Groucho Marx once said he didn't want to belong to a club which would have him as a member, but he may have made an exception for the Groucho Club, a private London showbiz hangout founded three years ago in honor of Marx's membership dictum. According to manager Liam Carson, Prince Edward is eager to become a full Groucho-ite joining members Julie Christie, John Cleese and Paul Simon. "He has asked," says Carson, "and we're thinking about it." The theatrically inclined Edward, who works nearby at the Palace Theatre as a production assistant for Andrew Lloyd Webber's The Really Useful Company, has become a regular Groucho guest at lunch.
Nearly two years after its scheduled release, Brooke Shields
's Brenda Starr movie, based on the comic strip, just may open in early 1989. She plays the flame-haired reporter, and Timothy (The Living Daylights) Dalton is Basil St. James, her eye-patch-wearing knight in a shining serge suit. The release was held up by legal wranglings between the distributor, New World, and the producers. Now New World head Bob Rehme says, "We've resolved the differences." Director Robert Ellis (Reuben, Reuben) Miller says, "I forget what they were fighting about. But I really like the movie, and I want to see it out."
Henry Winkler, for whom the Fonz is but a dim memory, will direct Tom Hanks in Disney's Turner and Hooch, a movie about a detective and his dog. Shooting will start early next year. Winkler's maiden effort as a movie director, Memories of Me with Billy Crystal and Alan King, opens this week.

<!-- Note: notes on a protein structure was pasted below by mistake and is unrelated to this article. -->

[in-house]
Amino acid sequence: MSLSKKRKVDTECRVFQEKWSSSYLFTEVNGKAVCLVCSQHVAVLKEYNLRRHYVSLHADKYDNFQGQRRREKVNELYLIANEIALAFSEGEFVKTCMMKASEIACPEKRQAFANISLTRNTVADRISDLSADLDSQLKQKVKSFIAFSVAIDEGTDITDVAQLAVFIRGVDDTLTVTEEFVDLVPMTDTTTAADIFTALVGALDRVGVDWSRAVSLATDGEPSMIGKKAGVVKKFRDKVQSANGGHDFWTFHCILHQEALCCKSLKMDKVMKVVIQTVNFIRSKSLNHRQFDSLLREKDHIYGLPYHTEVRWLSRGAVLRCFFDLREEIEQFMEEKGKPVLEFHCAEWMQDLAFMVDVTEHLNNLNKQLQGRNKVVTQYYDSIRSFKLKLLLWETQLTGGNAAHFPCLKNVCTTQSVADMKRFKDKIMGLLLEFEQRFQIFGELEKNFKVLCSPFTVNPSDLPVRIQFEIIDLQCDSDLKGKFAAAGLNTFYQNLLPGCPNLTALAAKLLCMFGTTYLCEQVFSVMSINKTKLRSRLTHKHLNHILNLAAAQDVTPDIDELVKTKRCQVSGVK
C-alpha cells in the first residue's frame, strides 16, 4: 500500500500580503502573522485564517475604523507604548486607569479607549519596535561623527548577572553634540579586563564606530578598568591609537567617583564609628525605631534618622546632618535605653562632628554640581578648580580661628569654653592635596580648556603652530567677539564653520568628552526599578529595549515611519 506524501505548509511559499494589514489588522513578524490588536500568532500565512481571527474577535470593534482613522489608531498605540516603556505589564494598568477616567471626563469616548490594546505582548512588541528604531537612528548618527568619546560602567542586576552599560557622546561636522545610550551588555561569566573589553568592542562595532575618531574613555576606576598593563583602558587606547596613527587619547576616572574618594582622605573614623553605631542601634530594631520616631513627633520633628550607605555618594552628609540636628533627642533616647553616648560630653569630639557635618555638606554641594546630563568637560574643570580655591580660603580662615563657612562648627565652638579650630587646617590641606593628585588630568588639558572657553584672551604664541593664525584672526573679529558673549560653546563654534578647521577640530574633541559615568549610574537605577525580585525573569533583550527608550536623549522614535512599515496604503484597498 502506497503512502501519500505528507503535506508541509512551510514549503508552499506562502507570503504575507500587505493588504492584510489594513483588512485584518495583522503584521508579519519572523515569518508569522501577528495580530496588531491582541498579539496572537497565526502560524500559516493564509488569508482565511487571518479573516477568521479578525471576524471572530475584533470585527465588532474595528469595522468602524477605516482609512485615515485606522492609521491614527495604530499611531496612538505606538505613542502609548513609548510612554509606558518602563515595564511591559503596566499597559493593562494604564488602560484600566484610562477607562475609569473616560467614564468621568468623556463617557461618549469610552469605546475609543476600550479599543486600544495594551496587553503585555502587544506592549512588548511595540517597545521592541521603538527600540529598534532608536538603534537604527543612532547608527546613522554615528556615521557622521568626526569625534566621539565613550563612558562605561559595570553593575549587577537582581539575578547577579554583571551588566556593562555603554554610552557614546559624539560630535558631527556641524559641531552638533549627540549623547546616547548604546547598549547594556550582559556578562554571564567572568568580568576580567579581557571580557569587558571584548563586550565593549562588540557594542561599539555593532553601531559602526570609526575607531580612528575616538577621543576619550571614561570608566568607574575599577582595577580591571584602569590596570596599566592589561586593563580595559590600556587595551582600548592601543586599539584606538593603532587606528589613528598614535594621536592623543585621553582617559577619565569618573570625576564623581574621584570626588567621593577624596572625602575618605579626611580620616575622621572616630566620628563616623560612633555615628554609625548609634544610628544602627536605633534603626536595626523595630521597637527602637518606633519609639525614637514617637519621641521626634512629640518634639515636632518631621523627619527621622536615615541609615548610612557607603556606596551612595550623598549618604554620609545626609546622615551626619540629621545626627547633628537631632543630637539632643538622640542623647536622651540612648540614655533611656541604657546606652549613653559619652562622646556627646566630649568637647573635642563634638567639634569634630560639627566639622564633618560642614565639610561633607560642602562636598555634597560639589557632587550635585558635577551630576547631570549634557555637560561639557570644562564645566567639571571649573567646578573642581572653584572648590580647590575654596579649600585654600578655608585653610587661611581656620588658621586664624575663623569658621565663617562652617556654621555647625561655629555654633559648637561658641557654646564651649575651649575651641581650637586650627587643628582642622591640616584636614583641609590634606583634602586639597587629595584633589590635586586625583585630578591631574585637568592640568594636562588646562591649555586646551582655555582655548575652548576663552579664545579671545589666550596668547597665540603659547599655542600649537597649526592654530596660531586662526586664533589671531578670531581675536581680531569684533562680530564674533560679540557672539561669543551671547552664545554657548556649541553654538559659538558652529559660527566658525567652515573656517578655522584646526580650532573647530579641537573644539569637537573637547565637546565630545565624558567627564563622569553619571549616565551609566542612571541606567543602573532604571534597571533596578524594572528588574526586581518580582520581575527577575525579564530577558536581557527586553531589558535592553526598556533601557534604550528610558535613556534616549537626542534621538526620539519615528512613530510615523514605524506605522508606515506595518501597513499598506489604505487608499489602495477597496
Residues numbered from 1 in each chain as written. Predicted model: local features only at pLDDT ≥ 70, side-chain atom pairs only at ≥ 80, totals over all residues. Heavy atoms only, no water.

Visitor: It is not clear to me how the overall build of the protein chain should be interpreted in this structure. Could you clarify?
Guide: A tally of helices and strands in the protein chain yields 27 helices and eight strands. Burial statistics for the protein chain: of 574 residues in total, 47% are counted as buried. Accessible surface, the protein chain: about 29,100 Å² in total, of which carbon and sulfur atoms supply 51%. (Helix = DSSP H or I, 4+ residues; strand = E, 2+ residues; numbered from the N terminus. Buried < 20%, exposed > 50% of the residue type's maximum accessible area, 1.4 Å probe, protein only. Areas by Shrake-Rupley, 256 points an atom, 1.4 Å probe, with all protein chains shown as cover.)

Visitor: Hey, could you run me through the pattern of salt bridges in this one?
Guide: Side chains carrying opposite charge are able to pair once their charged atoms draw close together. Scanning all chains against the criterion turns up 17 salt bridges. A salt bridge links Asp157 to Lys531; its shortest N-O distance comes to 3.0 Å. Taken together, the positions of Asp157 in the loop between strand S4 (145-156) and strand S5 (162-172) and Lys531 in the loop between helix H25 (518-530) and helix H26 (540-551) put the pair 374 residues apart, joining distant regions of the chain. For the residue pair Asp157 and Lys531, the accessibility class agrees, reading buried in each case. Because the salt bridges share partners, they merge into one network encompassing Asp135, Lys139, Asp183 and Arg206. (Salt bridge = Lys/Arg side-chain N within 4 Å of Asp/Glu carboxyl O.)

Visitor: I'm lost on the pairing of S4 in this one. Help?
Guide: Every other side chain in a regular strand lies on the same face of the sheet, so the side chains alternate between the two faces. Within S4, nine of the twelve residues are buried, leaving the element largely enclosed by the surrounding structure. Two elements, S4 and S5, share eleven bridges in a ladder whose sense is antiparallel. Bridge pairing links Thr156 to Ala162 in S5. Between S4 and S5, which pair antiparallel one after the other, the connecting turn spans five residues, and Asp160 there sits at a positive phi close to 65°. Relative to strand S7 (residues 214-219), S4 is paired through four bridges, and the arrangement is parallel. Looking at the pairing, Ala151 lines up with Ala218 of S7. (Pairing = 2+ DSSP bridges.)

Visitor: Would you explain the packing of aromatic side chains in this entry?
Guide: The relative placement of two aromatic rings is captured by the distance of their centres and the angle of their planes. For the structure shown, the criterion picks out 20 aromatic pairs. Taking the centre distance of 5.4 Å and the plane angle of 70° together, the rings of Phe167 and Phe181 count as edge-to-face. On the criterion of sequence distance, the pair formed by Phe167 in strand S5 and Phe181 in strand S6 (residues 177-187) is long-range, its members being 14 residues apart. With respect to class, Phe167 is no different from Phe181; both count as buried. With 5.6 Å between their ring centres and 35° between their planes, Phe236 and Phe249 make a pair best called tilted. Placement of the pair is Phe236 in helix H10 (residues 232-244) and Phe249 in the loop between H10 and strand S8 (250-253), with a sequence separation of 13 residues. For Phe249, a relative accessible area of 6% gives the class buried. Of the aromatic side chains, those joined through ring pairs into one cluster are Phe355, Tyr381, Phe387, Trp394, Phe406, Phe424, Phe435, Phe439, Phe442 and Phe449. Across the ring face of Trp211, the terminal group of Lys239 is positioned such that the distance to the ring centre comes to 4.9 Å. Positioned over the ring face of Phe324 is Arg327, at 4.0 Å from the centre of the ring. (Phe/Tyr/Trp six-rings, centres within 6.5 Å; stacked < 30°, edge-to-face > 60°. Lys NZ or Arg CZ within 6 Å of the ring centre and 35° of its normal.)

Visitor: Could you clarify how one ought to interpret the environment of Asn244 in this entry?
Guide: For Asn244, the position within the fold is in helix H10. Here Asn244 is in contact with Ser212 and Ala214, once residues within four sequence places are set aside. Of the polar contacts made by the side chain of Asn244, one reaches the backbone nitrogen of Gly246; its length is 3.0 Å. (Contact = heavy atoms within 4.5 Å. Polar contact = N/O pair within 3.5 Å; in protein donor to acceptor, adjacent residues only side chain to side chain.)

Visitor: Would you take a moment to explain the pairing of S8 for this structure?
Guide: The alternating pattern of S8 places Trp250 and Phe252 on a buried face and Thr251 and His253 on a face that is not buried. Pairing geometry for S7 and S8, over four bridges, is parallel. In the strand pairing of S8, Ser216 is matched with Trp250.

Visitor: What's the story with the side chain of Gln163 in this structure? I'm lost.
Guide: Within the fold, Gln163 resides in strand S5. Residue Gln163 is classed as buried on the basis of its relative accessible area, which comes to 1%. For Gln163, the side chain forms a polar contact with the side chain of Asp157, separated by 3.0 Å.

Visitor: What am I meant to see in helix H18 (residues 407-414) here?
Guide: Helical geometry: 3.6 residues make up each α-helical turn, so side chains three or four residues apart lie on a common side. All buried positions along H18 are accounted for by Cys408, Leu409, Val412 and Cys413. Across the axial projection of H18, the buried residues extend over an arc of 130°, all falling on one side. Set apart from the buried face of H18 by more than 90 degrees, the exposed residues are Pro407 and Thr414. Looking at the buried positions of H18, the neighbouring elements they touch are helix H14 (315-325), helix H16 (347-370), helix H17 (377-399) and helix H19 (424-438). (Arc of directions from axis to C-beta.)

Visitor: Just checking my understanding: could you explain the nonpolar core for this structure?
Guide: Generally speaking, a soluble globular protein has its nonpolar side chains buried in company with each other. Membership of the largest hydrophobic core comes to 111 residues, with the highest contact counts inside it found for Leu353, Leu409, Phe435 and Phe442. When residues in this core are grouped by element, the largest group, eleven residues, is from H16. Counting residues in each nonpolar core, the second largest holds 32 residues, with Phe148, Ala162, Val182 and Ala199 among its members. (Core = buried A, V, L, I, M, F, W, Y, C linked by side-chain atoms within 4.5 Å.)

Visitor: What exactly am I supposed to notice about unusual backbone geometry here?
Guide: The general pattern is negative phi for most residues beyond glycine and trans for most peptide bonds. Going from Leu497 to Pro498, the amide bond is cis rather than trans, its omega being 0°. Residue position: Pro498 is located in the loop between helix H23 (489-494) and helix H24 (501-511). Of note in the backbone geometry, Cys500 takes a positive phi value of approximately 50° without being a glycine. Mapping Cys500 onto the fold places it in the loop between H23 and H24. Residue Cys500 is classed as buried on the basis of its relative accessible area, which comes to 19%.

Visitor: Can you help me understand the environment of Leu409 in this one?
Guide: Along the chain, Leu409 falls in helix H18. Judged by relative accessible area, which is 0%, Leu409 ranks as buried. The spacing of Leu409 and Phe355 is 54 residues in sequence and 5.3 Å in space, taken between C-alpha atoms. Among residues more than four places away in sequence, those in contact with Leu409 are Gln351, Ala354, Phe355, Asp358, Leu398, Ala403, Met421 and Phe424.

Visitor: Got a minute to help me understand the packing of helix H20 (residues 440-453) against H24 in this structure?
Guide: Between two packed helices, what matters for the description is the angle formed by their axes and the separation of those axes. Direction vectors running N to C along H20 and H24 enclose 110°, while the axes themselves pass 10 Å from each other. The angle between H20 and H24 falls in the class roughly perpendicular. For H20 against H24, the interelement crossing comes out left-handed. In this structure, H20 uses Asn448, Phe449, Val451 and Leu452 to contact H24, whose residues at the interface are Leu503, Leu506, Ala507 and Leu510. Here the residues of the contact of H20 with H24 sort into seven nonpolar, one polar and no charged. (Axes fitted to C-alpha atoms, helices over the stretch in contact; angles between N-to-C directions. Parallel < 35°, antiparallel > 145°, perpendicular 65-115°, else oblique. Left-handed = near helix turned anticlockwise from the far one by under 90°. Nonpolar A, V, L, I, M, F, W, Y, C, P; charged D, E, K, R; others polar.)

Both ABC and CBS could have saved a lot on those six-figure wardrobe budgets for their Liberace TV movies if they'd featured Liberace at home. His longtime publicist, Jamie James, says Liberace wore plain, often old, clothes and little jewelry when he wasn't performing. Sometimes he didn't change his pants for a week or would wear the same sweat suit for two weeks. James says Liberace's housekeepers had to sneak his clothes into the wash.
Shirley MacLaine, who doesn't play the piano, apparently didn't channel up the late Arthur Rubinstein's help for her role as an eccentric keyboard teacher in Madame Sousatzka, the Cineplex Odeon/Universal movie opening Oct. 14. Instead, classical pianist Yonty Solomon was asked to teach her to fake it convincingly as she fingered a dummy keyboard. "She picked it up quickly because she is a dancer," says Solomon. "Basically she choreographed her fingers to the music. It could take her 10 years to learn to play what she learned to look like she was playing in 10 hours."
Some cameo roles are louder than others. In the forthcoming film version of Tama Janowitz's Slaves of New York, occasional Late Show fashion commentator Diane Brill, mostly known for hanging out in New York nightclubs, shows up jogging in Central Park wearing black capri pants, leather wrestling boots and a fitted green T-shirt. "I'll probably be in 3-D," says the voluptuous Brill. In real life, she is taking time off from her perpetual party-going to write an advice book titled, not at all tentatively, Boobs, Boys and High Heels: Or How to Get Dressed in Under Six Hours.